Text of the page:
CAMIRAS, the Saclay ground-based mid-IR camera, was built in 1990. At the time it was equipped with a 64 X 64 pixels Si:Ga array, developed by LETI/LIR, as a by-product of the detectors for ISOCAM. CAMIRAS has been intensively used at CFHT and at the Nordic Optical Telescope since 1991. In 1995, LETI/LIR delivered 192 X 192 Si:Ga arrays. Such a detector has been integrated in CAMIRAS in March 1995, and its acquisition system has been upgraded. The instrument is very versatile; several configurations allow to optimize it either at 10 microns or at 17 microns. CAMIRAS was mounted with the new 192 X 128 detector array at CFHT in July 1996. THis paper gives a full instrumental description of CAMIRAS. A particular attention is given to the spectro- imaging capability of the instrument achieved with a circular variable filter. Results from the last 3 observing campaigns carried out at the TIRGO observatory and at the Nordic Optical Telescope illustrate this paper. Spectra of comet Hale-Bopp showing the silicates features in the 8-13 microns wavelength range are presented.
New gallium-doped silicon 128 by 192 element arrays have been achieved at CEA-LETI-LIR (Infrared Laboratory) for imaging in the 8 - 14 micrometer spectral range. This program is in keeping with the previous detector development for the ISOCAM camera (32 by 32 element arrays) and for ground-based observation (64 by 64 element arrays). The main features of the new detectors are: a pitch of 75 micrometer which leads to 10 by 15 mm2 chip dimensions, two selectable storage capacitors (respectively 0.1 and 0.5 pF), a DVR readout circuit achieved in an NMOS silicon line with 1.5 micrometer design rules. The main electro- optical performances are the following: a peak responsivity of 4.0 A/W, a noise of 58 fA rms over the 0.1 - 128 Hz spectral range which is very close to the BLIP noise, and a corresponding noise equivalent power of 1.4 10-14 W.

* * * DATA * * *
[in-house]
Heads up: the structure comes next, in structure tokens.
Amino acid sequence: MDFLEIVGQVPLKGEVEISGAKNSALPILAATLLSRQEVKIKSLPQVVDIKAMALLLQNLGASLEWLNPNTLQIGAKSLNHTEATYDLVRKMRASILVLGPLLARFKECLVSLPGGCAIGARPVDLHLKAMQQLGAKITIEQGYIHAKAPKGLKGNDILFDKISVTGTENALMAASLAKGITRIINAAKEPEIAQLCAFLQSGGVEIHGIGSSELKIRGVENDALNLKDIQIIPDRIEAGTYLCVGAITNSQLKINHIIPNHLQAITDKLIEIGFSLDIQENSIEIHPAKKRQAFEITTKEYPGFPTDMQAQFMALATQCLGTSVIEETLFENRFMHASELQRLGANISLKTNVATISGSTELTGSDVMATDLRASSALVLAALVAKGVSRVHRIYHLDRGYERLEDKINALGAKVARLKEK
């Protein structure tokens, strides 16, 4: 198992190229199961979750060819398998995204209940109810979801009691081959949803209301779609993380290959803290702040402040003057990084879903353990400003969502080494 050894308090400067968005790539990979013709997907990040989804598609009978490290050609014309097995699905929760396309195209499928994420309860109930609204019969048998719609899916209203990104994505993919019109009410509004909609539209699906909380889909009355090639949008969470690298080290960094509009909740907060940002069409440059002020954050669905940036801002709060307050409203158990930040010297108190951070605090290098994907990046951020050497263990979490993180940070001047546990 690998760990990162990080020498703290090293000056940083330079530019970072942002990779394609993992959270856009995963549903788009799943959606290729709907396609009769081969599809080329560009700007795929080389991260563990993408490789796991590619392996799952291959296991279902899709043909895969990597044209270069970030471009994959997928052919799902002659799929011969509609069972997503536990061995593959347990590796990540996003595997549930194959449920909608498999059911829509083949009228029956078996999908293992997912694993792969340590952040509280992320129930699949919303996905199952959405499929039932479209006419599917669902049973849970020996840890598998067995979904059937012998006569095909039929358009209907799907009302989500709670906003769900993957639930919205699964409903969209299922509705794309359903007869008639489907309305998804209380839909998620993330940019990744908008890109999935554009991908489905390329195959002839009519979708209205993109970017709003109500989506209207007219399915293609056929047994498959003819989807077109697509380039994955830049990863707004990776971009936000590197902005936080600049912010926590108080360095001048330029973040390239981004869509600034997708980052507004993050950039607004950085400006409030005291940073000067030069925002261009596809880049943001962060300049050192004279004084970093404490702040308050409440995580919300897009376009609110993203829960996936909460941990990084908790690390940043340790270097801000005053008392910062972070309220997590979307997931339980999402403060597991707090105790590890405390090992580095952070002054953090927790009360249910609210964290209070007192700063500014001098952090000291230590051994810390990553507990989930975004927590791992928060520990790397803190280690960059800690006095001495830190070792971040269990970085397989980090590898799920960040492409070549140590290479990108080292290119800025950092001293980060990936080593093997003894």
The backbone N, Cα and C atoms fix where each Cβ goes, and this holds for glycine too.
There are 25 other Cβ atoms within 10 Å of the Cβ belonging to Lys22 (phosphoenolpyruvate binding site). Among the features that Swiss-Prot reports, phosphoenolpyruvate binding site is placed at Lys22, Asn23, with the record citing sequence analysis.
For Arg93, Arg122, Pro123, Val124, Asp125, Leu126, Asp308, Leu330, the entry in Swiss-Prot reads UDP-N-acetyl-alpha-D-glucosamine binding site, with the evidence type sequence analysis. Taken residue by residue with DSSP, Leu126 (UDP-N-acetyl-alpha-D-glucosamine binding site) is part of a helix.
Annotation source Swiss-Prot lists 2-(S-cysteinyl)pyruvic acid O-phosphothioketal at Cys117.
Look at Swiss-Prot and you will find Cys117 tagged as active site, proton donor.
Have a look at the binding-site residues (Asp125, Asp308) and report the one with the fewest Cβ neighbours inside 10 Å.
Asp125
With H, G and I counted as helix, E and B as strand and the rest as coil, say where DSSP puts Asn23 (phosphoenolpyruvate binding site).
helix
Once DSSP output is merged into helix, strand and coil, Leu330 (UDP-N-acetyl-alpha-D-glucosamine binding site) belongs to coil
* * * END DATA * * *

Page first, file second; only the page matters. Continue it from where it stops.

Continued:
New gallium-doped silicon 128 X 192 element arrays have been achieved at CEA-LETI- LIR (Infrared Laboratory) for imaging in the 8 - 14 micrometers spectral range. This program is in keeping with the previous detector developments for the ISOCAM camera (32 X 32 element arrays) and for ground-based observations (64 X 64 element arrays). The main features of the new detectors are: a pitch of 75 micrometers which leads to 10 X 15 mm2 chip dimensions, two selectable storage capacities (respectively 0.1 and 0.5 pF), a DVR readout circuit achieved in an NMOS silicon line with 1.5 micrometers design rules. The main electro-optical performances are the following: a peak responsivity of 4.0 A/W, a noise of 58 fArms over the 0.1 - 128 Hz spectral band which is very close to the BLIP noise, and a corresponding noise equivalent power of 1.4 10-14 W.
In 1992, the European Southern Observatory (ESO) committed a phase A study of a mid- infrared instrument for the 2nd unit VLT telescope, to a consortium of laboratories (SAp at Saclay, France; SRON at Groningen, Germany; and the Kapteyn Observatory at Roden, Netherlands). The results of the study are presented. One key scientific objective for this instrument is foreseen to be the study of dust. The required observing modes are (1) diffraction limited imaging both at 10 and 20 microns, and (2) spectroscopy at low resolution (R approximately equals 500) both at 10 and 20 microns. Another key domain is the study of atomic, molecular, and ionic lines observable in the atmospheric window at 10 and 20 microns. Given the various environments where the lines originate, medium (approximately equals 5000) to high (approximately equals 30,000) spectral resolution is needed. The optical design, as well as a mechanical layout, incorporating the various modes is described. The imaging and spectroscopic channels are separated. The spectrometer is based on a long slit all reflective design. Two optical configurations have been studied in detail. Because of the need for variable magnifications, the imager is based on refractive optics.